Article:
Avoiding accidents in the workplace should be one of the main priorities for any business. It’s not just construction companies that must take measures to ensure fewer employees get injured on the job; every industry faces challenges to avoid accidents and, wherever possible, prevent them from happening completely. Here are some steps to maintain a safer workplace for employees.
Assess the Risks
First of all, you’ll need to assess the risks on the job. These will be completely different from industry to industry. For instance, in an office environment, there are not as many immediate concerns due to there being fewer moving parts, heavy machinery, or other items that can create potentially dangerous situations. In a factory, warehouse, or another workplace where a lot is going on all the time, this creates additional risk factors.
Furthermore, reassessing the risks periodically is useful to see if anything has changed and if new safety measures should be put in place. A new accident should also trigger a reassessment to see whether something was lacking or if extra measures are required.
Create Safety Procedures and Make Staff Aware of Them
While it may seem obvious to many, creating safety procedures with do’s and don’ts is necessary. As law firm Horst Shewmaker will tell you, procedures are different and inconsistently applied from one company to the next. Therefore, businesses shouldn’t rely on employees already knowing the right thing to do under different circumstances.
Staff must be made aware of the rules to reduce accidents due to not being cognizant. Certainly, staff can be overly busy, but companies should aim to avoid needing to hire a lawyer to negotiate a settlement. Employees should be properly briefed to reduce the likelihood of injury or matters turning legal.
Emergency Exits – Knowing Where They Are and Clearing Access
All staff must be aware of where the emergency exits are in the building. There will be a designated assembly point when exiting the building. Many companies run drills to confirm the procedures work in practice too. Also, it’s necessary to perform regular checks to confirm all emergency exits are clear of obstacles. In the event of a fire with smoke quickly filling the offices and hallways, staff won’t see clearly enough to avoid anything in their way when rushing towards an exit.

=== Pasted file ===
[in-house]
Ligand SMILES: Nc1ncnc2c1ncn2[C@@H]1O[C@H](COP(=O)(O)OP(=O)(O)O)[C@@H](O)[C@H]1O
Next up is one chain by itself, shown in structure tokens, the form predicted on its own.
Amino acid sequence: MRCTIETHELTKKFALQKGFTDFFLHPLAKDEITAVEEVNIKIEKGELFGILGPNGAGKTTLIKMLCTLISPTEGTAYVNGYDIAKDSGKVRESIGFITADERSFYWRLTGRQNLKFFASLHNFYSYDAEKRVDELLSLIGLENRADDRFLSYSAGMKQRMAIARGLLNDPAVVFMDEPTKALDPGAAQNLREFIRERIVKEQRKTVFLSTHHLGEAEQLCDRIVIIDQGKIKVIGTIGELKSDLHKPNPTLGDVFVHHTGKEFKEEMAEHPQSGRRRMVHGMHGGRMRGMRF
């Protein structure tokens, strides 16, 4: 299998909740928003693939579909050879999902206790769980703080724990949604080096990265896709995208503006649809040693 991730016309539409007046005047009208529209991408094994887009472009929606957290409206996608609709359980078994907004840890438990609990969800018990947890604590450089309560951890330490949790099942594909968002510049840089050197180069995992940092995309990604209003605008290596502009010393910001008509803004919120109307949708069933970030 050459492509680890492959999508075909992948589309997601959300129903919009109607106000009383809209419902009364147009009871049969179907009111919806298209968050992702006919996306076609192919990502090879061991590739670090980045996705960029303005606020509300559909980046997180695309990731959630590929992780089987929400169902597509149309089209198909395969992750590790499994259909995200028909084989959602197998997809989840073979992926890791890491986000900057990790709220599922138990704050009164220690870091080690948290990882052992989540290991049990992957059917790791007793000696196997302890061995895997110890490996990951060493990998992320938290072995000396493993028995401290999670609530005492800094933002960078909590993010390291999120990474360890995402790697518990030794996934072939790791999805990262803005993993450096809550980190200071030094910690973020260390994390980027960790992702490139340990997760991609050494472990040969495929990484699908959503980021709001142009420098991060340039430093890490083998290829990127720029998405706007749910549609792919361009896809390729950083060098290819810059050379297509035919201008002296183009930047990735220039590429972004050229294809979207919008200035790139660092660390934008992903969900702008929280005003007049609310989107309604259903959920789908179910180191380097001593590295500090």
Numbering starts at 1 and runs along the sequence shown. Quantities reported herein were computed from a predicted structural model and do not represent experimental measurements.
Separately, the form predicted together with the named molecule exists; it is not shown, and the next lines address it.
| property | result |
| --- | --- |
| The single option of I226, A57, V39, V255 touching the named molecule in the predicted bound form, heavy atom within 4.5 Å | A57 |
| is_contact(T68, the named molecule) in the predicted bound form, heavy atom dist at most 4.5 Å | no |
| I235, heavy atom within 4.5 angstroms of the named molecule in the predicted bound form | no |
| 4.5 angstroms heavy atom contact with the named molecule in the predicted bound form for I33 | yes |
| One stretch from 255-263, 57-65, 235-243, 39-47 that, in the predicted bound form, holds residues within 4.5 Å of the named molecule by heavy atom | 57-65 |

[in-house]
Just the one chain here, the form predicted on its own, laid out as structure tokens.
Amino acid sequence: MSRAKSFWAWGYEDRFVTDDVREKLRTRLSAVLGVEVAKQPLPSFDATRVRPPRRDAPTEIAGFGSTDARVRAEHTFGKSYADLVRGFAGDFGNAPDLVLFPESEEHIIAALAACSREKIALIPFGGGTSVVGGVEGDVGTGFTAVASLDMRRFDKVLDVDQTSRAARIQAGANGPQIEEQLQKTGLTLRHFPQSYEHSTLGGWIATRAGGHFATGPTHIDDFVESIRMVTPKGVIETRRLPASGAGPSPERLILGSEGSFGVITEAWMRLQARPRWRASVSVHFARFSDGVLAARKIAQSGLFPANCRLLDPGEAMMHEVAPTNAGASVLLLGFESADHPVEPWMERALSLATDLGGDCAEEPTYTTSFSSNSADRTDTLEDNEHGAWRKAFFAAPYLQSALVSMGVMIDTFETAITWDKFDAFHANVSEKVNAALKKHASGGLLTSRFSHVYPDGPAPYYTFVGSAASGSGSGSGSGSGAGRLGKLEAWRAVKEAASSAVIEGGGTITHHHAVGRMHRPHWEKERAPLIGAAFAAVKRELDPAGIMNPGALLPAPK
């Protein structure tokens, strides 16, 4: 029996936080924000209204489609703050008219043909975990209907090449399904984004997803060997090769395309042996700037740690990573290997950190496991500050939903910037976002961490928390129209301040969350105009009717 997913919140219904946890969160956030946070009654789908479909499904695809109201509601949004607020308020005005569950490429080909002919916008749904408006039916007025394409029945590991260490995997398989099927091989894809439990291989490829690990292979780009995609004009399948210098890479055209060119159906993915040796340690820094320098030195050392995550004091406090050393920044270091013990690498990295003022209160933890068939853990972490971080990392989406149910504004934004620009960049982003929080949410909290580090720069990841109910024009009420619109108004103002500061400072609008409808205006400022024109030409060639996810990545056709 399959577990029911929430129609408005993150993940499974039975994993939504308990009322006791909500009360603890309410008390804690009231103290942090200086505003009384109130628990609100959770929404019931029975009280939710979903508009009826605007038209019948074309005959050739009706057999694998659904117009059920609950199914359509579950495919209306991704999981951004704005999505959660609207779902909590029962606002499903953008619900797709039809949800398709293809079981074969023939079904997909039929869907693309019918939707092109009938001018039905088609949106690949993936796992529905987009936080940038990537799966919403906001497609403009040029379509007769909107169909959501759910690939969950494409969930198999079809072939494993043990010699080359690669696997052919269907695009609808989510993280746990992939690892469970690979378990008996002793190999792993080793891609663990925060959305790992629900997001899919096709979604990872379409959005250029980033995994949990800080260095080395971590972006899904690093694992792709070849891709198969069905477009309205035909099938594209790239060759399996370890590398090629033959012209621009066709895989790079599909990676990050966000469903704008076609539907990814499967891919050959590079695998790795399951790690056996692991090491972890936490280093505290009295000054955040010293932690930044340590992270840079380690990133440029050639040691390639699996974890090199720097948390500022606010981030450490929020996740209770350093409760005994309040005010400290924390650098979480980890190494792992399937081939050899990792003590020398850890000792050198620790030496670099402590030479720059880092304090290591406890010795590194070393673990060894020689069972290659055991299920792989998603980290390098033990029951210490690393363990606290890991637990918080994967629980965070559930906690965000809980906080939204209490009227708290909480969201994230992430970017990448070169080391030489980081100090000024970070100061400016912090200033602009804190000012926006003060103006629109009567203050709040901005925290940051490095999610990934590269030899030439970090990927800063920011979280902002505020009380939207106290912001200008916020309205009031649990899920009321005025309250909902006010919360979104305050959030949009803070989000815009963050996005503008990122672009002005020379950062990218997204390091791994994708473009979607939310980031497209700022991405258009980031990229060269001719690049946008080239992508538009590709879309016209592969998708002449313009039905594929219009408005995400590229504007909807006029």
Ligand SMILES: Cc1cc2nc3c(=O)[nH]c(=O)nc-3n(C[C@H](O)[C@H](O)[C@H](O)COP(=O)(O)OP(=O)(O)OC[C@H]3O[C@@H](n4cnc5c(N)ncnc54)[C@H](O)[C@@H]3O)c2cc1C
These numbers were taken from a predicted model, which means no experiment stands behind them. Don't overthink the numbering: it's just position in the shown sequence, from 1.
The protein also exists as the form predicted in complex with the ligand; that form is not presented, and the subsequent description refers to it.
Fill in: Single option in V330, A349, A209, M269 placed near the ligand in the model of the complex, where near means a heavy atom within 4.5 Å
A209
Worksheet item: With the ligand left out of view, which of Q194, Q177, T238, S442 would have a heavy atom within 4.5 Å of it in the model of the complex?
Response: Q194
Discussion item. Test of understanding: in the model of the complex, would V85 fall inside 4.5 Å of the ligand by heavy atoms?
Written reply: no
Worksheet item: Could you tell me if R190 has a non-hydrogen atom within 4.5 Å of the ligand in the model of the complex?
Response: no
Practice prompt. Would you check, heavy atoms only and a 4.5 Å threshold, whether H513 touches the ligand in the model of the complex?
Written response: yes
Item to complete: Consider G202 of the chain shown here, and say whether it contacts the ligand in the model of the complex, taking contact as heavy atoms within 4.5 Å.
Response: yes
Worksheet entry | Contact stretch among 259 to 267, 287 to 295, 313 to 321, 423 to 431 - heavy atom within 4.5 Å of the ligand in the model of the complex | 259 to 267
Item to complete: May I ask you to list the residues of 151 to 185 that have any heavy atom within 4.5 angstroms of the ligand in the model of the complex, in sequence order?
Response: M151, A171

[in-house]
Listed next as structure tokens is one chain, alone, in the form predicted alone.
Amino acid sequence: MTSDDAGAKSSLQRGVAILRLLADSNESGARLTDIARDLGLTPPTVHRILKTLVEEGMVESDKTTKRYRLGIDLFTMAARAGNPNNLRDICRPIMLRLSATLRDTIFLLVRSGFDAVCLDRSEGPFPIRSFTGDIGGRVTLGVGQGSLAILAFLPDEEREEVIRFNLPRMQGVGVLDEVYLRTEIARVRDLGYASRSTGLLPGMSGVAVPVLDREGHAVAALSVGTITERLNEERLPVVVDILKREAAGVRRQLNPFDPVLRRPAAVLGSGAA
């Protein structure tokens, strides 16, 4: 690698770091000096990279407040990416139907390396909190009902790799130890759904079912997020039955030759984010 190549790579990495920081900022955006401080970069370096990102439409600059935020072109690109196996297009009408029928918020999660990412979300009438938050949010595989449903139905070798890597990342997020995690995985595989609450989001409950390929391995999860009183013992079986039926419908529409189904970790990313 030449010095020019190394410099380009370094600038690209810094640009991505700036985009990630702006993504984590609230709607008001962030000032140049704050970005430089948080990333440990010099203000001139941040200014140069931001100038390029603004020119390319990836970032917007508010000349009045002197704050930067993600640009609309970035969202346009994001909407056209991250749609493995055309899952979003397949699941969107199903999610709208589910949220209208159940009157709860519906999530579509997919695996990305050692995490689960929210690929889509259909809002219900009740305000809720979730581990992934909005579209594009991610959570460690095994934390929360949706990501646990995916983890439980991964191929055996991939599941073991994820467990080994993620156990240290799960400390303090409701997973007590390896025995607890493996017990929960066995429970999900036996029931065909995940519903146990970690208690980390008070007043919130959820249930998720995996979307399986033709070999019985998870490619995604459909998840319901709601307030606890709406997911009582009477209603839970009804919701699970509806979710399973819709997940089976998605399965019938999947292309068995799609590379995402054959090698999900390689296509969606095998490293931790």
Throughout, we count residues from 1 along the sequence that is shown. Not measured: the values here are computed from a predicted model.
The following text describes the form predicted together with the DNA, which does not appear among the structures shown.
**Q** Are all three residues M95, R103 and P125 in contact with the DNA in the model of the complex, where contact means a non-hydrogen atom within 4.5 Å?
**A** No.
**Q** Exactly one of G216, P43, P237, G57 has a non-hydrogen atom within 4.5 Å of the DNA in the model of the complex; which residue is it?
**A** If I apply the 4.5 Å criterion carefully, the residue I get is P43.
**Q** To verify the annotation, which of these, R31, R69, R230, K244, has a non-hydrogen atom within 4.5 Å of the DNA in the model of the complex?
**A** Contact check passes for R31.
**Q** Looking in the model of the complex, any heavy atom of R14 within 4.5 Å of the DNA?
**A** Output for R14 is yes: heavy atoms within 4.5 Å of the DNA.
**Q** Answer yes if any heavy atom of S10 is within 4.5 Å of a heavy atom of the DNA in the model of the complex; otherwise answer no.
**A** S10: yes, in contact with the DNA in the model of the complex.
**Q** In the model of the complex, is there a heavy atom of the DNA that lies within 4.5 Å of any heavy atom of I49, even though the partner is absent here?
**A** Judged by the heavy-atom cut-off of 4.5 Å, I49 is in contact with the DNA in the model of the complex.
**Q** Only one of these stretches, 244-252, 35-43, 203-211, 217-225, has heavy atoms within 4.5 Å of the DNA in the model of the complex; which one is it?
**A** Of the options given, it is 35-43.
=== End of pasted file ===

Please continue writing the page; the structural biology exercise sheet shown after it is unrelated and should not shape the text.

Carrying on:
Reporting of Conditions That Aren’t Safe
Staff must feel free to report conditions that aren’t safe. Companies need to avoid creating a culture where people feel like a whistleblower if they speak up. The opposite is true.
A spill that doesn’t get cleaned up quickly with warning signs displayed in the area, a loose carpet tile, or another potential accident waiting to happen is just the start. Notifying the correct person so that they can take immediate remedial action avoids potential slips, falls, and serious injuries.
Wearing Personal Protective Equipment
Wearing personal protective equipment (PPE) depends on the situation and workplace environment. Some companies may decide to have staff wear a face mask at all times, perform temperature checks at entrance points, and offer handwashing stations. Others may adjust what they feel is necessary depending on the current status of Covid-19, including having many more employees work remotely to limit the risks.
It’s always worth taking the appropriate steps to keep staff safer. Not only will they appreciate it, but it avoids needless complications thereafter too.